Friday, May 29, 2020
May 29, 2020

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In Our View: FAA oversight of Max will be beneficial to Boeing

The Columbian

A decision by the Federal Aviation Administration to control inspections of Boeing’s 737 Max aircraft is necessary for restoring credibility to the U.S. regulatory system. Passengers, airlines and governments throughout the world must have confidence in that system in order for the iconic aerospace company to retain its standing in the industry.

Last week, FAA regulators informed Boeing executives that they will be in charge of ensuring that the 737 Max is worthy to fly. The plane has been grounded since March, following crashes in Indonesia and Ethiopia that killed a total of 346 people.

“The FAA has determined that the public interest and safety in air commerce require that the FAA retain authority to issue airworthiness certificates and export certificates of airworthiness for all 737 Max airplanes,” FAA officials wrote in a letter to Boeing. “The FAA will retain such authority until the agency is confident that, at a minimum, Boeing has fully functional quality control and verification processes in place.”

In the short term, that is bad news for Boeing officials, who repeatedly have said they hope to have approval for the 737 Max by the end of the year. FAA oversight, which might mean inspections of each plane, will delay the return of the 737 Max.

But in the long run it is good news for restoring integrity to the U.S. aerospace industry and, therefore, Boeing. Following the crashes and the grounding of the plane, it was revealed that federal regulators gave the company excessive leeway in approving inspections of the aircraft. Whether or not that contributed to the crashes, it diminished the reputation of American manufacturing.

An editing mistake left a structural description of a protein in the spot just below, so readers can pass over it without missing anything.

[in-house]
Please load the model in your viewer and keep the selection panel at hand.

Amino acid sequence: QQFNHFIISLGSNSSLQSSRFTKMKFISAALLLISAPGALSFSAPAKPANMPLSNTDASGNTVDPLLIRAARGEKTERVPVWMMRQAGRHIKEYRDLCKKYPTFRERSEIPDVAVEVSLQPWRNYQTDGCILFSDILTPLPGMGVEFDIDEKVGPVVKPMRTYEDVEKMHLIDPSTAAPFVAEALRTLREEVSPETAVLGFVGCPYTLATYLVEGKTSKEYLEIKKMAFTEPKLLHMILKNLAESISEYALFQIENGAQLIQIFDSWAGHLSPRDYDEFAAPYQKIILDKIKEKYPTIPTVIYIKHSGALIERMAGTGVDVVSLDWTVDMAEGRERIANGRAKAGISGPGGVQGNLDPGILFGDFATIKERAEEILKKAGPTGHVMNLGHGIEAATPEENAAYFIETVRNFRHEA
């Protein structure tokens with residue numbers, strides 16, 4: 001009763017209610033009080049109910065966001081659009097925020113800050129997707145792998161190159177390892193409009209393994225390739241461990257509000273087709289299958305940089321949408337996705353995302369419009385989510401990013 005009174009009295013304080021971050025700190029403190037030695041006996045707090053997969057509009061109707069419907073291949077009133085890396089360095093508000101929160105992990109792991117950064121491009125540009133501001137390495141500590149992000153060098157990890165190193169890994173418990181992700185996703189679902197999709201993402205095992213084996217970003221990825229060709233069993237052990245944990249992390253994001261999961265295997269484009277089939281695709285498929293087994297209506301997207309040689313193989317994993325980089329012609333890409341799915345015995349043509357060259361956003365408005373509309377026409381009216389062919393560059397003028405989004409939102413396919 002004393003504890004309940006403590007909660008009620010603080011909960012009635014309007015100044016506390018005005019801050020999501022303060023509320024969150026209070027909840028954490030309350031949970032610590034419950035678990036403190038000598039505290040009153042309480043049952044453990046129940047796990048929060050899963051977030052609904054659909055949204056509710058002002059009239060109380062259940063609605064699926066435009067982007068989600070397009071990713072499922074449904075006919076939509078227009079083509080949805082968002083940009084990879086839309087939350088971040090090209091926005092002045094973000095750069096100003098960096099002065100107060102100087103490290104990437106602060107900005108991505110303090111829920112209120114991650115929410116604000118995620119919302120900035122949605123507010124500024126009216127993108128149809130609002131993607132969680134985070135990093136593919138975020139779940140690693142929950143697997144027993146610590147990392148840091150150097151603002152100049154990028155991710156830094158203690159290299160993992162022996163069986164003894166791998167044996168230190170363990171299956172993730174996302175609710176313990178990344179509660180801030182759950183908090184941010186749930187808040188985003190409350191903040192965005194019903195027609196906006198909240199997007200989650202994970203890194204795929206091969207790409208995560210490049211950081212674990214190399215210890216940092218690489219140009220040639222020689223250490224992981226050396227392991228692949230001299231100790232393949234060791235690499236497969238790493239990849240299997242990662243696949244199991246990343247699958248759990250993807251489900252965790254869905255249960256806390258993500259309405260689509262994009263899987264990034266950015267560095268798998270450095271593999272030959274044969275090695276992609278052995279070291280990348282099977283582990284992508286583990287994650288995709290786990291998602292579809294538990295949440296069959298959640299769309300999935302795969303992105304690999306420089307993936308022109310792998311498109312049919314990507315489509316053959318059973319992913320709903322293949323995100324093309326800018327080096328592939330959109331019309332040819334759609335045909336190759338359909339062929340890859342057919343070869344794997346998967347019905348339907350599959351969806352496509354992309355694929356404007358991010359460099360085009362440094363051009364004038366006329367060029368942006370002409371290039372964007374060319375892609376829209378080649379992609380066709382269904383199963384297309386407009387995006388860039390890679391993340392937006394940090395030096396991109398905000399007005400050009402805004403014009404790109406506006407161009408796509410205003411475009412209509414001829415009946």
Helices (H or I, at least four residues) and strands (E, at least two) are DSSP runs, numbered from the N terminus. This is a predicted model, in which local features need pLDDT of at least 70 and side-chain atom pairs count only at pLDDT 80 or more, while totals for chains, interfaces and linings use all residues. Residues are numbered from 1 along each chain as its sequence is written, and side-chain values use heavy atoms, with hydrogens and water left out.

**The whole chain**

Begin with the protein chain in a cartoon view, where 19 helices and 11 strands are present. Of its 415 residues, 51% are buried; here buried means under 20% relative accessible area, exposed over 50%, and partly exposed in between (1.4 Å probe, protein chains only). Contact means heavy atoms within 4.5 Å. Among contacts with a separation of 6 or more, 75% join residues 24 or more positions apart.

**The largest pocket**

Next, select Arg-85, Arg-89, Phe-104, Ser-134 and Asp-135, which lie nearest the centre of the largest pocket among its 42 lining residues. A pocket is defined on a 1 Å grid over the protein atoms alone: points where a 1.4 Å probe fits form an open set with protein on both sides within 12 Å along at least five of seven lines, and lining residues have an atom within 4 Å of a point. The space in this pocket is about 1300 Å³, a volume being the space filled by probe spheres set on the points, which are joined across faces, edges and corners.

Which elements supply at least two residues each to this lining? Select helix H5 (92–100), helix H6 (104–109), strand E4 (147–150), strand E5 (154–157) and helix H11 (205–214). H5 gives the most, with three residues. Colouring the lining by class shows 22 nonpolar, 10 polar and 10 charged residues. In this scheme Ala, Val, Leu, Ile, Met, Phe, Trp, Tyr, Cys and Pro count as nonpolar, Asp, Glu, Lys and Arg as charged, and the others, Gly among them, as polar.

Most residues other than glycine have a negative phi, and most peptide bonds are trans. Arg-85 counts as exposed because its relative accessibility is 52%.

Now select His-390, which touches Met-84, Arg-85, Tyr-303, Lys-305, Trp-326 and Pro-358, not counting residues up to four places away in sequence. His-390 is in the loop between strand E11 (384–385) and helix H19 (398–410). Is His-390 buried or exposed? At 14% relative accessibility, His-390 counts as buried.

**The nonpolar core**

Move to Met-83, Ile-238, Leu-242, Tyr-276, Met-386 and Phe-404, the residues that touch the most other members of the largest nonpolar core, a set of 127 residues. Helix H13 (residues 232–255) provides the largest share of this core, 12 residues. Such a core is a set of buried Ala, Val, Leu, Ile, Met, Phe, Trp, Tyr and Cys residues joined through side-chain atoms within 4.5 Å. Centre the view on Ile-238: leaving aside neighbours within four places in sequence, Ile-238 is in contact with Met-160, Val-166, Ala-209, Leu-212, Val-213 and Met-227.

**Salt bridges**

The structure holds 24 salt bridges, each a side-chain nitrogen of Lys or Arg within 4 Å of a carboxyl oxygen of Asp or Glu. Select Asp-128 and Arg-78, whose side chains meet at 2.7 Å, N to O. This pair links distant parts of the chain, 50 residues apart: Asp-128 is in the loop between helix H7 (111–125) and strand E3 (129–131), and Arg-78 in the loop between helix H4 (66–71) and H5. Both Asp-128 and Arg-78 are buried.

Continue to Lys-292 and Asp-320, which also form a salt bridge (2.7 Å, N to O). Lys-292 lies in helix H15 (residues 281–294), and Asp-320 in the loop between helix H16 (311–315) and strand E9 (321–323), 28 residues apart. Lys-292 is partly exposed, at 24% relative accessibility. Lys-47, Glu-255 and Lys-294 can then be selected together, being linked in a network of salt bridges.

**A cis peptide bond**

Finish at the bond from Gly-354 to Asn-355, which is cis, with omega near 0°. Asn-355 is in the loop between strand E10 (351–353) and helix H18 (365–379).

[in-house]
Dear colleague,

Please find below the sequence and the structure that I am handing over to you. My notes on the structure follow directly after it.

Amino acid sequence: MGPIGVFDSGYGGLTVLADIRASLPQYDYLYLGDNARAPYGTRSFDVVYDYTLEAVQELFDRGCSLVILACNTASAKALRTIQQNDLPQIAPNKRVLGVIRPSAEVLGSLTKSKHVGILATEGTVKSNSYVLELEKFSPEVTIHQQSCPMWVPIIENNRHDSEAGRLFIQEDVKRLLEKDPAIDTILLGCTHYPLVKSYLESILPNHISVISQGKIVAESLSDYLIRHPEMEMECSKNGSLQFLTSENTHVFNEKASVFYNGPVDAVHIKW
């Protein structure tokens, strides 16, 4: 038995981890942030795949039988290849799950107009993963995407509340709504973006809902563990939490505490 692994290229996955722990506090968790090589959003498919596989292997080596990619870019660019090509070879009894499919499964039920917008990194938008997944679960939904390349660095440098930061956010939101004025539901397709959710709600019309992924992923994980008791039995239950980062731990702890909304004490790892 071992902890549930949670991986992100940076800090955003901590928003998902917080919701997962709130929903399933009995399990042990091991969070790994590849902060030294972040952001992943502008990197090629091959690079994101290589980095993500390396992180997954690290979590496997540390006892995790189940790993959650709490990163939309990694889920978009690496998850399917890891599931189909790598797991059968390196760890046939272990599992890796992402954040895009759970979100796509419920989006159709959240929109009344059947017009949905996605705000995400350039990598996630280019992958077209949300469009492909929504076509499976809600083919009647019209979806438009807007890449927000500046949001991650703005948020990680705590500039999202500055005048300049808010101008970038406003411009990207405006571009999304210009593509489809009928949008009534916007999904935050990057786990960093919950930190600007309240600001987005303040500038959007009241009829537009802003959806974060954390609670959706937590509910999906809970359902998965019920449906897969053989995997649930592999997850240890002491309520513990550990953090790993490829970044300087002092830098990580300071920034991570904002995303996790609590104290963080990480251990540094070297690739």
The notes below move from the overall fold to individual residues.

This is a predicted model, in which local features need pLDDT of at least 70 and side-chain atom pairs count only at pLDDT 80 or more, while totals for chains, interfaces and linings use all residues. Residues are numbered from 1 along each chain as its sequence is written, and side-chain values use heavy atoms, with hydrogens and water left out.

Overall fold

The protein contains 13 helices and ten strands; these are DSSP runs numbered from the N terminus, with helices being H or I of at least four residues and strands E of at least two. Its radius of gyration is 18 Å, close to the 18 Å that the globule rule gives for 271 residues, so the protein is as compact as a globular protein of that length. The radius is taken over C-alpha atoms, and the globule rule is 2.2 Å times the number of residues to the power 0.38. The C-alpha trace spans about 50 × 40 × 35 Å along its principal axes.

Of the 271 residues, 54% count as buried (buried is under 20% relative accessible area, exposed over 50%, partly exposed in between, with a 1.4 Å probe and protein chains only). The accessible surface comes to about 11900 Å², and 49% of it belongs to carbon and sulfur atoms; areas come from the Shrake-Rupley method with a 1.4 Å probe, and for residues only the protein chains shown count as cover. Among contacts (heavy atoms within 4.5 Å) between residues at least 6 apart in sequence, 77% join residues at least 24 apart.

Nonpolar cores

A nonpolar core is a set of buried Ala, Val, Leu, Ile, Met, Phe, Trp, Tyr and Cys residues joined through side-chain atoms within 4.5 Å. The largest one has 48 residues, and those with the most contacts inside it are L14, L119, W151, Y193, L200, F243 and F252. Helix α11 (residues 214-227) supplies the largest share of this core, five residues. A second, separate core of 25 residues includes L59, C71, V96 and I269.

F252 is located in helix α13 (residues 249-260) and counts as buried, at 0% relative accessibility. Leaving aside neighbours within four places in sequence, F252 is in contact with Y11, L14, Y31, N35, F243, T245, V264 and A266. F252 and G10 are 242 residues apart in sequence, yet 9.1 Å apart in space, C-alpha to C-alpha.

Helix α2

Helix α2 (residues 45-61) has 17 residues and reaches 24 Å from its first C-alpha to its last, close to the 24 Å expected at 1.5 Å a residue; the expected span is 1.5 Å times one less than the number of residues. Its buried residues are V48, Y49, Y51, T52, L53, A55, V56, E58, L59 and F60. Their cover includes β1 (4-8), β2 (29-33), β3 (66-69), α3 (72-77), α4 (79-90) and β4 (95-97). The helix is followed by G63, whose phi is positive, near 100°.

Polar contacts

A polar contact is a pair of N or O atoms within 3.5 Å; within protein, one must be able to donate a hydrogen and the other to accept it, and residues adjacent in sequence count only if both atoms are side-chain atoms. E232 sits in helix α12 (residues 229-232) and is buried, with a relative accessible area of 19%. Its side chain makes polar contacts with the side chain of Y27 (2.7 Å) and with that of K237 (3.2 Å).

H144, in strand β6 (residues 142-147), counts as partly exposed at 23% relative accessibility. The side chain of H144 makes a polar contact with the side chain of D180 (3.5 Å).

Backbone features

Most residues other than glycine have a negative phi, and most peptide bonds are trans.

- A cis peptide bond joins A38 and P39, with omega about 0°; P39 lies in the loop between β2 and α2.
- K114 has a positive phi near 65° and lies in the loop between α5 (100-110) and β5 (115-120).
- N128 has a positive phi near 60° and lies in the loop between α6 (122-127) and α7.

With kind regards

Boeing has continued producing the 737 Max, storing completed planes at airfields throughout the state. Meanwhile, the company has been working to fix the troublesome Maneuvering Characteristics Augmentation System, which is believed to have played a role in the Indonesian and Ethiopian crashes. But the New York Times recently reported on emails from an official at Transport Canada Civil Aviation that questioned the fixes, referring to them as “a band-aid” and saying the MCAS adds “too much complexity.”

The FAA decision to retain authority over authorization of the 737 Max follows questioning from Congress regarding the issue. Sen. Maria Cantwell, D-Wash., has been among the most outspoken critics of a regulatory system that has been revealed to be too deferential to manufacturers.

Cantwell is pushing for hearings with FAA officials and is seeking legislation requiring that recommendations from the National Transportation Safety Board be implemented. Those recommendations include a thorough analysis of how pilots may respond to unexpected events when operating complex systems such as the MCAS.

Legislative changes are needed to ensure the safety and confidence of the public, both in the United States and abroad. And they are needed to help Boeing remain a reliable name in aviation.

That status is crucial to both the company and the rest of the state, with Boeing being an important economic engine and a symbol of Washington’s technological expertise. Retaining that position requires that solutions be approached with caution and a focus on safety, even at the expense of expediency.

When shortcuts are taken, it creates vulnerabilities that endanger the entire system of airplane manufacturing and approval. Strict oversight from the FAA will demonstrate that the industry has learned valuable lessons.